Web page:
Mexico Slaps US Hard With New Tariffs

The newest round of retaliatory tariffs threatens the US agriculture industry.


Mexico slapped the US hard by placing tariffs on products ranging from steel to bourbon to pork. Reuters reports that the duties are in retaliation against the tariffs the Trump Administration placed on steel and aluminum imports.

The new tariffs raises trade tensions between the two companies and adds a new complication in the negotiation process for the North American Free Trade Agreement between Canada, the US and Mexico, Reuters reports.

The list contains a 20 percent tariff on US pork legs and shoulders, apples and potatoes and 20 to 25 percent duties on types of cheeses and bourbon, Reuters reports. The country is also placing a 25 percent tariff on a range of American steel products.

According to Reuters, Mexico's trade negotiators designed the list to include products exported by top Republican leaders' states.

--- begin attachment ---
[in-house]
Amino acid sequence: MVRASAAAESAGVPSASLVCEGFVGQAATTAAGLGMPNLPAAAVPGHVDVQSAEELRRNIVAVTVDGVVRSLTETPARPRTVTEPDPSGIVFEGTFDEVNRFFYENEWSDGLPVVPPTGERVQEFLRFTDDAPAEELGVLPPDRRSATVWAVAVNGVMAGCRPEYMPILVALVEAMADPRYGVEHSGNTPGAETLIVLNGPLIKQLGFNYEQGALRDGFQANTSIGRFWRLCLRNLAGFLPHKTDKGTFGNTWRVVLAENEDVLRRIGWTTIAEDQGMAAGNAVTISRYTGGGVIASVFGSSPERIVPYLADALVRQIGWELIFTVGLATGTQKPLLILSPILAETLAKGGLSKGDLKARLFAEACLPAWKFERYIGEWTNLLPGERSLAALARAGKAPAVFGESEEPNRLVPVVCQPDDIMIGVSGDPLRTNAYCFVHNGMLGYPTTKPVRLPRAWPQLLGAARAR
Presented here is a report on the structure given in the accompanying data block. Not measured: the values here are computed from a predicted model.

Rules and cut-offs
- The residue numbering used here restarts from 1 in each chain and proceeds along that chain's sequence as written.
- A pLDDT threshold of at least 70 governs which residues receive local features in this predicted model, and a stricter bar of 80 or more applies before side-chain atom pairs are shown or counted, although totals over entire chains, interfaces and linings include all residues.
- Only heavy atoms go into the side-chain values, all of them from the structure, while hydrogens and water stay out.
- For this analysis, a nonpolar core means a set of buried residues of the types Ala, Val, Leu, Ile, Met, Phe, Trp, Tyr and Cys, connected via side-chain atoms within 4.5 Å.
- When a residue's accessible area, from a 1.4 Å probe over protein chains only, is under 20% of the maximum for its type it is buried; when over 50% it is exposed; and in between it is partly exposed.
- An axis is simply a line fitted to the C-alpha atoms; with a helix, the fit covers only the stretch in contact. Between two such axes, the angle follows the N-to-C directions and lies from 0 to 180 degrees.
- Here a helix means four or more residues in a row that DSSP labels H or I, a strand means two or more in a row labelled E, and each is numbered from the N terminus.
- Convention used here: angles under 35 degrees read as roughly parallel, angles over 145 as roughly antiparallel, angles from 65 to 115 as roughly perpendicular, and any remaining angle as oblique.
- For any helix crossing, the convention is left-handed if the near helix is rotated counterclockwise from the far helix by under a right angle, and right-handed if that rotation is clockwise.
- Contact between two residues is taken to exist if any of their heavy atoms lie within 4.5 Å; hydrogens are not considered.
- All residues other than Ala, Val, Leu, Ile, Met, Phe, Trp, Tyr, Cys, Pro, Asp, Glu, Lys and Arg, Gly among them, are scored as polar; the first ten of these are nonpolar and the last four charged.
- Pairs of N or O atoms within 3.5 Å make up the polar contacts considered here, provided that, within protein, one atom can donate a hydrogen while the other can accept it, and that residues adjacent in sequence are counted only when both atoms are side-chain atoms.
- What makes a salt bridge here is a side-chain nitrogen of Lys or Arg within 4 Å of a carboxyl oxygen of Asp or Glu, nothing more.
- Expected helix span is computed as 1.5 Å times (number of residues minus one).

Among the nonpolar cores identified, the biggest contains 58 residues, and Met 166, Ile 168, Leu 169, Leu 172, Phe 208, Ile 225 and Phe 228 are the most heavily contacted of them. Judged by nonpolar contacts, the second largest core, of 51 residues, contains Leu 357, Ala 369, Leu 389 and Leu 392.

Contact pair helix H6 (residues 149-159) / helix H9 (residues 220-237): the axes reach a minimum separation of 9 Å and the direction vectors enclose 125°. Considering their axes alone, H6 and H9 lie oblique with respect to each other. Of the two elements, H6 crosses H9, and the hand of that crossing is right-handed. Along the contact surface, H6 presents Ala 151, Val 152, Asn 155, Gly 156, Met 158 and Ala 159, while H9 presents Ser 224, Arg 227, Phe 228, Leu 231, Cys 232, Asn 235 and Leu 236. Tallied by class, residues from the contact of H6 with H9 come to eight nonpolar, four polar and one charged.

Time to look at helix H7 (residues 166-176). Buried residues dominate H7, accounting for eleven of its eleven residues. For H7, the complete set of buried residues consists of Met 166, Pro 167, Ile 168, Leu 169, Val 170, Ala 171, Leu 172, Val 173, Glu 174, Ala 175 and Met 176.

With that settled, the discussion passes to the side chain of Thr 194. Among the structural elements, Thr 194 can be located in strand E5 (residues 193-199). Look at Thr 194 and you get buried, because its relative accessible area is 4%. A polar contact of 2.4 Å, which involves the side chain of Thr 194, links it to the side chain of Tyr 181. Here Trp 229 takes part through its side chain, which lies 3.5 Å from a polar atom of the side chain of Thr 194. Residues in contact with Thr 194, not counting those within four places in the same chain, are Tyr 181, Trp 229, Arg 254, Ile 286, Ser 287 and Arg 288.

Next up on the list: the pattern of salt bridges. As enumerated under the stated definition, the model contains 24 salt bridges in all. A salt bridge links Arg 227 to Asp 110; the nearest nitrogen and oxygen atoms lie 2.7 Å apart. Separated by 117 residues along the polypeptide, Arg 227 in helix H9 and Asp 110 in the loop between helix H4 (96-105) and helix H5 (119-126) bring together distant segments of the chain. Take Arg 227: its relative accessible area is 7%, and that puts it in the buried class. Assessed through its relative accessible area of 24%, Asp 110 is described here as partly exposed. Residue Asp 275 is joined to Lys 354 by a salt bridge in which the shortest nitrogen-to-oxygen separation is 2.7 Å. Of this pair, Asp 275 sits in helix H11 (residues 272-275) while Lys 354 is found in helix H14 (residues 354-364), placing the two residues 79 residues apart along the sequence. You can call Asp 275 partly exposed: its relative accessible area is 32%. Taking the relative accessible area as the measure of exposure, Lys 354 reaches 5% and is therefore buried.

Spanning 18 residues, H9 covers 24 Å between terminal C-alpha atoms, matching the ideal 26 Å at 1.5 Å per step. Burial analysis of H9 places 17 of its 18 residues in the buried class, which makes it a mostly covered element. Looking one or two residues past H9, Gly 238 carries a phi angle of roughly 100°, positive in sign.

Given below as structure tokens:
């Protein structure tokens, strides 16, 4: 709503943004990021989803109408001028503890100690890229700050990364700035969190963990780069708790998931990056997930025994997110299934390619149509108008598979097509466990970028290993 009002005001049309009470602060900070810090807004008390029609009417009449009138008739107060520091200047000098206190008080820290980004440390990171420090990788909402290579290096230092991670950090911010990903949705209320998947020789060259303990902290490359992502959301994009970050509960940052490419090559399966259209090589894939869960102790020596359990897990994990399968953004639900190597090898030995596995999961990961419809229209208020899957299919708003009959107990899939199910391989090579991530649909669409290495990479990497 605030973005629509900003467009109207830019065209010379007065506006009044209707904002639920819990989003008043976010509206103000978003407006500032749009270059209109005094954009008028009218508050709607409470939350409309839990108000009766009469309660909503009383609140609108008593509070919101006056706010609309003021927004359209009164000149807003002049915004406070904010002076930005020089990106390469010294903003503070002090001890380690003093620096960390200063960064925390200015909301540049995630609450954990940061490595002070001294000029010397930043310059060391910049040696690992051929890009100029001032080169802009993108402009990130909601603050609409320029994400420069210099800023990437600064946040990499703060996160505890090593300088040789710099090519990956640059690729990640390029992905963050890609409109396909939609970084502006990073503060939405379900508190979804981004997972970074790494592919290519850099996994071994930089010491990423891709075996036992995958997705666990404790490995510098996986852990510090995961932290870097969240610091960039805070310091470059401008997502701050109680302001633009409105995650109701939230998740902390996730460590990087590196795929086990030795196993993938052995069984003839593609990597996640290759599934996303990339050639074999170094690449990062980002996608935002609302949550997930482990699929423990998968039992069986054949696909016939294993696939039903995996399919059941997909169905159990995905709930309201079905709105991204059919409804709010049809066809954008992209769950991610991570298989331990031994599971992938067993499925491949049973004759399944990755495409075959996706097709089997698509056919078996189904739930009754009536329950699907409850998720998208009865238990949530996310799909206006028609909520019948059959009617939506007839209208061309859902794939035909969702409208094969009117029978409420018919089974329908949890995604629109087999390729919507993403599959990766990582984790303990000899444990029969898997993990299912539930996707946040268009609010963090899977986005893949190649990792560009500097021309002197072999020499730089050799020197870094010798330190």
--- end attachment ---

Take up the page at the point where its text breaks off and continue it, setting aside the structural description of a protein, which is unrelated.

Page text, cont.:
Producers across the country are already facing negative effects from the tariffs. With this new round of retaliation, producers fear that their profits will get hurt. 

Reuters reports that Mexico accounted for nearly 25 percent of all pork shipments last year, and adding a 20 percent tariff will eliminate the US' ability to compete effectively with the country. Iowa is expected to take one of the biggest hits as the state is the top pork-producer in the country and Mexico is its main export market by volume. 

Minnesota will also be effected by Mexico's tariffs. Around 14 percent of the states annual agricultural export goes to the country, effectively hitting its pork, dairy and potato exports. 

Mexico allegedly opened a tariff-free quota for some pork imports to other countries at the beginning of June.

Annually, the US and Mexico do upwards of $600 billion in trade. About 16 percent of US goods exports go to Mexico, however, the Mexican economy relies more on trade than the US economy, Reuters reports.